Postoperative ICU admission prolonged the postoperative hospital stay, resulting in an increase in the overall number of hospitalization days and medical costs. Shan et al. [4] reported that compared with patients initial treatment in the ICU, treatment outside the ICU could significantly decrease hospital charges. The authors claimed that medical costs could be reduced by 16% for patients who were not transferred to the ICU. Kamerlink et al. [19] assessed the proportion of medical costs, including charges incurred during the surgical process, operating- room costs and hospital charges for the treatment of adolescent idiopathic scoliosis. The results showed that general hospital ward and ICU charges accounted for 22% of the total medical costs, only secondary to implant costs (29%). Therefore, patients should avoid going to the ICU postoperatively as much as possible. To avoid postoperative ICU admission, several management strategies could be applied. First, for patients with multiple comorbidities, preoperative multidisciplinary treatment is necessary; Second, for patients with poor conditions, perioperative nutritional support or respiratory exercise should be performed to improve their condition and decrease their surgical risk. Third, for patients with severe spinal deformities, traction before surgery or staged surgery could be the optimal treatment strategy [9]. Forth, a previous study had demonstrated that the anesthetic regimen was significantly correlated with late extubation [7]. Thus, it is essential to select rapid-acting anesthetics to decrease the effects of respiratory depression, which would ultimately reduce the anesthesia and surgical times. Finally, it is meaningful to equip skilled medical staff to solve any change in a patient’s condition [7].

This study also had several limitations. First, this was a retrospective study with a relatively small sample size. Second, intra- and postoperative care as well as anesthetic techniques have been developed over the years, which might have resulted in different outcomes. Third, this study only involved a single surgeon, and the technology, surgical skill, and experience of the surgeon evolved over a decade. Moreover, different surgeons also have different surgical skill levels. Third, we only evaluated data from a single center, and variations in the anesthetic regimen, surgical strategy, extubation criteria, and ICU admission criteria could also lead to different results. Therefore, our results may not be generalizable to other institutions. Finally, this study only considered the posterior approach, and the assessment of the relationship between surgical approaches and postoperative ICU admission was not sufficient.


Patients who were transferred to the ICU postoperatively had a higher incidence rate of perioperative major complications, a longer hospital stay, and higher medical costs. Thus, it is important to identify the risk factors for postoperative ICU admission following corrective surgery for adult spinal deformity. Surgeons should be cautious when patients are older, BMI ≥ 28 kg/m2, have neuromuscular deformities, have respiratory dysfunction, are classified as ASA III-IV, have a larger preoperative Cobb angle (scoliosis or kyphosis ≥ 90°), or have a higher number of fused segments (≥ 12). At the same time, comprehensive preoperative evaluation and preparation, cautious surgical performance, and appropriate perioperative management are necessary to decrease the risk of postoperative ICU admission.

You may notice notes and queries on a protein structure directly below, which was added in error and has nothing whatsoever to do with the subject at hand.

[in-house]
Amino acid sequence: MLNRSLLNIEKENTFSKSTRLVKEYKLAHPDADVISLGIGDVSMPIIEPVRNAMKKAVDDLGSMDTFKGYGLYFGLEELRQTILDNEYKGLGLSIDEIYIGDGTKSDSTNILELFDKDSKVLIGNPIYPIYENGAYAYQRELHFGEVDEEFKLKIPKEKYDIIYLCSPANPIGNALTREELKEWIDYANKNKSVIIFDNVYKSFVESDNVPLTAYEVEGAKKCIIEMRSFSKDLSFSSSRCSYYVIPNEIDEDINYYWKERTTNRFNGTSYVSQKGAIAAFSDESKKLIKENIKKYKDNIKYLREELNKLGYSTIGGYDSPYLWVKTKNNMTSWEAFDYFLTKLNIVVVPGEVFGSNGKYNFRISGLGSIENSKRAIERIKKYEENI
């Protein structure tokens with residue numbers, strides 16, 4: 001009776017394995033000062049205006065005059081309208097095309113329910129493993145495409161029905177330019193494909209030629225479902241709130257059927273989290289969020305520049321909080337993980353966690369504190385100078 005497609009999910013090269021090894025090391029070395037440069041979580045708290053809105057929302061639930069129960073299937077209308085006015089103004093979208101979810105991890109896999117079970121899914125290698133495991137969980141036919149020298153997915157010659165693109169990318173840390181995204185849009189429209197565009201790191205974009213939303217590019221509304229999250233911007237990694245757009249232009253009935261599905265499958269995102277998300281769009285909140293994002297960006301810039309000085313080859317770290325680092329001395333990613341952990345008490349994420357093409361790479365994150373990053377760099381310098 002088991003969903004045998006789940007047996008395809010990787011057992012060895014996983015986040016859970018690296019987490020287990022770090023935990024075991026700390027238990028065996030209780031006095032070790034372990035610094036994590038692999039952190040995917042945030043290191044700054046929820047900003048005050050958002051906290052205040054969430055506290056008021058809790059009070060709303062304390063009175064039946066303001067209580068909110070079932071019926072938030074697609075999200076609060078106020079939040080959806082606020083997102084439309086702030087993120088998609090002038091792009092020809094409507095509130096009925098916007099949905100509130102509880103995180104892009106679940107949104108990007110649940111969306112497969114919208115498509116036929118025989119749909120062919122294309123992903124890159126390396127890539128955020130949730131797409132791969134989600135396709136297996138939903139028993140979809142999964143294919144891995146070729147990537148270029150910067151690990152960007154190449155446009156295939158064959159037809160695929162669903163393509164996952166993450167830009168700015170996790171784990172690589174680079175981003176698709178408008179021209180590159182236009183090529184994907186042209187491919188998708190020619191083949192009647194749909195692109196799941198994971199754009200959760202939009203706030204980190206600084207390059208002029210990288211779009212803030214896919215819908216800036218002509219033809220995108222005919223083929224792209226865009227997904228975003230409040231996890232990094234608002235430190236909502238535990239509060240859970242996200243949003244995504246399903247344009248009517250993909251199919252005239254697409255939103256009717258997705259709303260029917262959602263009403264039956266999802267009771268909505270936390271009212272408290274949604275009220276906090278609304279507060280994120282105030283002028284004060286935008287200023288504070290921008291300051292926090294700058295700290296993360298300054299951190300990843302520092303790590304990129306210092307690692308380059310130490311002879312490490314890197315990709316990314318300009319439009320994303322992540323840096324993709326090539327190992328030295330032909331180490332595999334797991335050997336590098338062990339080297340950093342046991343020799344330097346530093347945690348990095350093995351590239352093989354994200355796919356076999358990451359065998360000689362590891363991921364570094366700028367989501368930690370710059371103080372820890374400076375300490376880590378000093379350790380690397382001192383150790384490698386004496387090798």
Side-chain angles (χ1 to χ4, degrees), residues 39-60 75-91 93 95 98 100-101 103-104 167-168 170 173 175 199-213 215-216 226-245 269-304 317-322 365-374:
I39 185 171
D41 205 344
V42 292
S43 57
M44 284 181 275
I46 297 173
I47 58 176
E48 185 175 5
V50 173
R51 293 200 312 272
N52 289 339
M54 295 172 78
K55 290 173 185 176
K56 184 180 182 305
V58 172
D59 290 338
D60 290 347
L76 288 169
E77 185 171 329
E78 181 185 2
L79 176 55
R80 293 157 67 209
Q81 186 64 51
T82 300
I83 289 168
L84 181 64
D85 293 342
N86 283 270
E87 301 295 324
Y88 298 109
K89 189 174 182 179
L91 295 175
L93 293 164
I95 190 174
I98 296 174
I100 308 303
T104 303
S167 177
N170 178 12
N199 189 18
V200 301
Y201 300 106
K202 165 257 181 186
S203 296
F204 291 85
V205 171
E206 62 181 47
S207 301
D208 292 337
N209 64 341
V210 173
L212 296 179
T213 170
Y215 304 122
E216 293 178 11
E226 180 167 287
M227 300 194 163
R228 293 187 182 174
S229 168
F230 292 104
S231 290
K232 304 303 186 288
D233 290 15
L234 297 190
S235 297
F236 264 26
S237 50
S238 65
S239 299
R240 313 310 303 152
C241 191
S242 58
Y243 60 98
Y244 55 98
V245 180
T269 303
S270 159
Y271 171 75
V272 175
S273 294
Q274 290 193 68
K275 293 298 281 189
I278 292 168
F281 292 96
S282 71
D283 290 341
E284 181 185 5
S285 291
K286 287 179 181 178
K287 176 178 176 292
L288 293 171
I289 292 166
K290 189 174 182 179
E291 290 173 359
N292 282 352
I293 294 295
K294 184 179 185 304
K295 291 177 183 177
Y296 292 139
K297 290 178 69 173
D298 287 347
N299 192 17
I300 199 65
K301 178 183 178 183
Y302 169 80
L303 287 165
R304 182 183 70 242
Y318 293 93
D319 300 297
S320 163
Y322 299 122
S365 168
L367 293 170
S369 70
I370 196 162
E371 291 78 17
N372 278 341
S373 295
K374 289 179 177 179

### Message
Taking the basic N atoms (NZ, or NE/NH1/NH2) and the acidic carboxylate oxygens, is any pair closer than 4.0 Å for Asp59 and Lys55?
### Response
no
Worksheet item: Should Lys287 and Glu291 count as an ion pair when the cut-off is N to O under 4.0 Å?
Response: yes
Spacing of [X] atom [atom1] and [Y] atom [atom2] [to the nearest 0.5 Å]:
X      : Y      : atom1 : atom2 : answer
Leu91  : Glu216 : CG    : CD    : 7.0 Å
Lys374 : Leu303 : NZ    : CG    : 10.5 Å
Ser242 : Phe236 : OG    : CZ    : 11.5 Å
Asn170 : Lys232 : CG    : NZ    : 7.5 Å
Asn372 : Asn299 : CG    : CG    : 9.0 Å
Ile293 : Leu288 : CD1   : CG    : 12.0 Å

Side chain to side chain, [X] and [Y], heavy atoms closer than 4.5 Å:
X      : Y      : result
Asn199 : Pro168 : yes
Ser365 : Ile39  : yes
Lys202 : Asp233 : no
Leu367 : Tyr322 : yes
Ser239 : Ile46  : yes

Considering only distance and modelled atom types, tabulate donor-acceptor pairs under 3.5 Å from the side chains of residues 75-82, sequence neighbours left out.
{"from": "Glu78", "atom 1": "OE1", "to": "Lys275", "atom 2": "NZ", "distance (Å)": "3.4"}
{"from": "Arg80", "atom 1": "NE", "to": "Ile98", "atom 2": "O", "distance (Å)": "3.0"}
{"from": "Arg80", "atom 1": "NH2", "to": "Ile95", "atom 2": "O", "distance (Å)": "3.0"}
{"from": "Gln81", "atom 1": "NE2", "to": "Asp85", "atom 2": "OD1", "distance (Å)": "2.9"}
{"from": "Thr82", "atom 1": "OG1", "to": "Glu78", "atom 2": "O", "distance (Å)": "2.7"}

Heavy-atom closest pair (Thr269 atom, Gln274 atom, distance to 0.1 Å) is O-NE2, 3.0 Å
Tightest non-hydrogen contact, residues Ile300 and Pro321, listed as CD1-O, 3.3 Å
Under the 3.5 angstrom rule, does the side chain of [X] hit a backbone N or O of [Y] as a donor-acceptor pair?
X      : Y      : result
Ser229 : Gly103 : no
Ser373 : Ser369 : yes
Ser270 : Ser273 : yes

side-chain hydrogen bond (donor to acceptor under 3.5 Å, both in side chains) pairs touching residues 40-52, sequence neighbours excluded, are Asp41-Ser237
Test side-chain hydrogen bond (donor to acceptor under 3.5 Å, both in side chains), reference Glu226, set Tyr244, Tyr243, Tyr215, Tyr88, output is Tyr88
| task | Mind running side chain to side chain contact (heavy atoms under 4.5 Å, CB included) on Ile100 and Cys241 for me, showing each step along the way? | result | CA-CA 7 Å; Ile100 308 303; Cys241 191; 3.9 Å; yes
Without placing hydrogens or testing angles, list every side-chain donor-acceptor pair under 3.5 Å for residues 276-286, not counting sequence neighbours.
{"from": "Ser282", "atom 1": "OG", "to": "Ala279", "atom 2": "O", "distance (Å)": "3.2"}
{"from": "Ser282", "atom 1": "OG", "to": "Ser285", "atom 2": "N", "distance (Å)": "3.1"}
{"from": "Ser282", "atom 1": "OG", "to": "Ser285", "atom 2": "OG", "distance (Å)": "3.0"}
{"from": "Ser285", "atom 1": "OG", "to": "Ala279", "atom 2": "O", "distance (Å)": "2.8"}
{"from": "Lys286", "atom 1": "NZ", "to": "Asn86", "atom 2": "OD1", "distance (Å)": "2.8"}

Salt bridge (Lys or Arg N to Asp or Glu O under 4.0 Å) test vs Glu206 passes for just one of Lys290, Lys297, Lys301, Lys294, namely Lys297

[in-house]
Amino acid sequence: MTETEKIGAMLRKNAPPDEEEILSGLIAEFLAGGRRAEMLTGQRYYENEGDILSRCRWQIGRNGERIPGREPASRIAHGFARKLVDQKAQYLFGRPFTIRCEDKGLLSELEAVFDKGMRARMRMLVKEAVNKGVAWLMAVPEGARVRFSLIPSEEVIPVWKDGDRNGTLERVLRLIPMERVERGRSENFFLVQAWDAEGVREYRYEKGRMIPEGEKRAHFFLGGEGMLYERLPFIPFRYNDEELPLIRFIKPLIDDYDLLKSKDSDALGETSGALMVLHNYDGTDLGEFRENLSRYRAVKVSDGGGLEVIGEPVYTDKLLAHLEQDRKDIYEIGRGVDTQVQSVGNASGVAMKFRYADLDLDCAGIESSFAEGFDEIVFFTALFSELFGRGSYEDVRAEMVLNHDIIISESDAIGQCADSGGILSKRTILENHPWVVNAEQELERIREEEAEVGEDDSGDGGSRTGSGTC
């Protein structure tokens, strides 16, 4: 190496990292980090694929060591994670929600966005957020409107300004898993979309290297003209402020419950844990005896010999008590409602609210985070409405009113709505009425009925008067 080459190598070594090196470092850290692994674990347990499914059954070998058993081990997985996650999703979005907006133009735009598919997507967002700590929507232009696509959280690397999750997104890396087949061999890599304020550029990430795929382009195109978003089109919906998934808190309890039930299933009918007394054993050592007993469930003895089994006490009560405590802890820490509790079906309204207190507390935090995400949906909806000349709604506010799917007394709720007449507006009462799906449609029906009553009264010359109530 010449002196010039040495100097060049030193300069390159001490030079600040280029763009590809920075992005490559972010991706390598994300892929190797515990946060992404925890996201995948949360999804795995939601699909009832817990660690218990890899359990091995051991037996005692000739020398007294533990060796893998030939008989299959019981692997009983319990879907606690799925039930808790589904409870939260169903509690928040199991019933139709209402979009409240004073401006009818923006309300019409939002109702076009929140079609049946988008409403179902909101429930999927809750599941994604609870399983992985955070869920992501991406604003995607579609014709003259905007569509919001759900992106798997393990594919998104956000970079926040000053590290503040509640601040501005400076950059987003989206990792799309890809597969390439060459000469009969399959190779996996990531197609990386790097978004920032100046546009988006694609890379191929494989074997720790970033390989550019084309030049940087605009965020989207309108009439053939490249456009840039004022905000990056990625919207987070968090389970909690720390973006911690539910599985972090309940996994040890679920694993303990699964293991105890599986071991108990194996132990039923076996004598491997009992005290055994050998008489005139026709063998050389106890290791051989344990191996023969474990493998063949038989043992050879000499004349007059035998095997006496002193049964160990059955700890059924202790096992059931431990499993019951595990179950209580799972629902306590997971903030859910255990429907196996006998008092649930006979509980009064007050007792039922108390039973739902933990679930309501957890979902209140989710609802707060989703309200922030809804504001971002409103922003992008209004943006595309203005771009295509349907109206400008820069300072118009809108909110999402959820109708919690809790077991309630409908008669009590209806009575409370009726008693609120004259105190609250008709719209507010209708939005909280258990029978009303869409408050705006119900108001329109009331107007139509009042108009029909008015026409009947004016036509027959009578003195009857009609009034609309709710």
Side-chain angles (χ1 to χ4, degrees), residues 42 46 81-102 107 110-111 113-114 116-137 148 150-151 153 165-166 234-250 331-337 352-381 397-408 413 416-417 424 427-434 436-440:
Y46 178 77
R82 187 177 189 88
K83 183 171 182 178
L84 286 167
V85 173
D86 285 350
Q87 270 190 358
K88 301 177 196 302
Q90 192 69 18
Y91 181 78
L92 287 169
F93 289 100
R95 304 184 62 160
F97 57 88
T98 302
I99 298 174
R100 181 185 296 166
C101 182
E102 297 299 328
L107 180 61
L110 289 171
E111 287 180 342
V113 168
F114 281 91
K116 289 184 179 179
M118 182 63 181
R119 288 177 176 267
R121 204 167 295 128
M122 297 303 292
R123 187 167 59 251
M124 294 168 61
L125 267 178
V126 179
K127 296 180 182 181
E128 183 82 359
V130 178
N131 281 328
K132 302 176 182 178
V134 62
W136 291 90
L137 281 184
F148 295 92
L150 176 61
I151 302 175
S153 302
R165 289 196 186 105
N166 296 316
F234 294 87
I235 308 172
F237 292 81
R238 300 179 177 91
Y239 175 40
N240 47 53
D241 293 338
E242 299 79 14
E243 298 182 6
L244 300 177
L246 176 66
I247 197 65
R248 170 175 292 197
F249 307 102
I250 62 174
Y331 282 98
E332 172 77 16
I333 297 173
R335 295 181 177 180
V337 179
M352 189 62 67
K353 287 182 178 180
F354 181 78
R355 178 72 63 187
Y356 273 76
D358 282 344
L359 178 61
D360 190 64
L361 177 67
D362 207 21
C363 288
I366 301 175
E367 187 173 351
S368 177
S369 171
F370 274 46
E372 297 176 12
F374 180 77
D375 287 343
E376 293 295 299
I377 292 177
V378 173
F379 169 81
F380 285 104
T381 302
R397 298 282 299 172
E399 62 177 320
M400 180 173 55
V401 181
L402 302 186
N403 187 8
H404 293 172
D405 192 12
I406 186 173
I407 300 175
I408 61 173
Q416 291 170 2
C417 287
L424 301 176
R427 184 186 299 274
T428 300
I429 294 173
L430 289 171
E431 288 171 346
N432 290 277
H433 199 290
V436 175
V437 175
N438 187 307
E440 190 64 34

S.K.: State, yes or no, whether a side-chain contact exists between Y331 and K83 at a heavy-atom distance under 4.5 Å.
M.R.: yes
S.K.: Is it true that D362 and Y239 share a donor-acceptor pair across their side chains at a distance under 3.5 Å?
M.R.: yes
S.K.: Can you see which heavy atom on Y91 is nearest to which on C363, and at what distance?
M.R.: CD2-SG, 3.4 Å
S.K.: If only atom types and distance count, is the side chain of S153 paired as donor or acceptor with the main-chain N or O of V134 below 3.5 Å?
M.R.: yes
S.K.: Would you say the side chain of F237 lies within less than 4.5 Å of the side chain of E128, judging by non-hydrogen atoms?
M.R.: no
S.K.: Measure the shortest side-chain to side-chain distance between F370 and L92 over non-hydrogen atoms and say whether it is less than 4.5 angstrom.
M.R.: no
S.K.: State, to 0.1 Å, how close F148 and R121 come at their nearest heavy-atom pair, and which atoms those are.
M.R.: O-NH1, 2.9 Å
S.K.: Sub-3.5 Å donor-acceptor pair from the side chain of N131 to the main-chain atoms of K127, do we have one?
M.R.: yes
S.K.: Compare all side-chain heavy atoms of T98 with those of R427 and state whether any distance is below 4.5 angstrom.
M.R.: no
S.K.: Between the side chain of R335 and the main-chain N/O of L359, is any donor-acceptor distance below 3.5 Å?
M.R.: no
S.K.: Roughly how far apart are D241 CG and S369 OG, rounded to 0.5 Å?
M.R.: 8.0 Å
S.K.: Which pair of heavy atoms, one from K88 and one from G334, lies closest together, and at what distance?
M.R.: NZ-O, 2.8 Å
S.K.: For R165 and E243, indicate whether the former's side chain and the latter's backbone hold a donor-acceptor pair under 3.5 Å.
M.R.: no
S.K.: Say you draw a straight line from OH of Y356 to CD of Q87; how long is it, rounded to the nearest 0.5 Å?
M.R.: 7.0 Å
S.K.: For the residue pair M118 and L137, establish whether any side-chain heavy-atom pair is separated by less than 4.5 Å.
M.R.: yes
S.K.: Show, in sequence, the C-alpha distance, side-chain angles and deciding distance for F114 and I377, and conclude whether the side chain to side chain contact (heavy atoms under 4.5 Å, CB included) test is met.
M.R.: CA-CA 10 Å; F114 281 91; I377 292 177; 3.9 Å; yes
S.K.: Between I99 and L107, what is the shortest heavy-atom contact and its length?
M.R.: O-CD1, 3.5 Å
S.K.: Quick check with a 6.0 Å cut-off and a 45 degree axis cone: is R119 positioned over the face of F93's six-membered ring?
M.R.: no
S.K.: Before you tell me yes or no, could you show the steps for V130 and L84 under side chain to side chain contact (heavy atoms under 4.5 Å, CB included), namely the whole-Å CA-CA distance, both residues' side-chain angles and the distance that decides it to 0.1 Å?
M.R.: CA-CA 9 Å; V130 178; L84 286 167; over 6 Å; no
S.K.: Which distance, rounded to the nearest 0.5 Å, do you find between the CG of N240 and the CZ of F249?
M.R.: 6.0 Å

Availability of data and materials

The final dataset will be available from the corresponding author.



Intensive care unit


American society of anesthesiologists




Body mass index


Forced vital capacity


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This work was supported by the National Natural Science Foundation of China (81171673 and 81672123), Beijing Municipal Natural Science Foundation (7222133, L222096), and National High Level Hospital Clinical Research Funding (2022-PUMCH-B-122, 2022-PUMCH-A-045). Each author certifies that he or she has no commercial associations (eg, consultancies, stock ownership, equity interest, patent/licensing arrangements, etc.) that might pose a conflict of interest in connection with the submitted article.

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CL: wrote the paper. YD and YZ: collected the data and participated in writing and revising the paper. ZH and XY: performed all the analysis. SW and JZ: designed the whole study.

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Correspondence to Shengru Wang or Jianguo Zhang.

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This study has been approved from the Peking Union Medical College Hospital Institutional Review Board-K2176.

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Li, C., Du, Y., Wang, S. et al. Risk factors for intensive care unit admission following correction surgery for adult spinal deformity. J Orthop Surg Res 18, 753 (2023).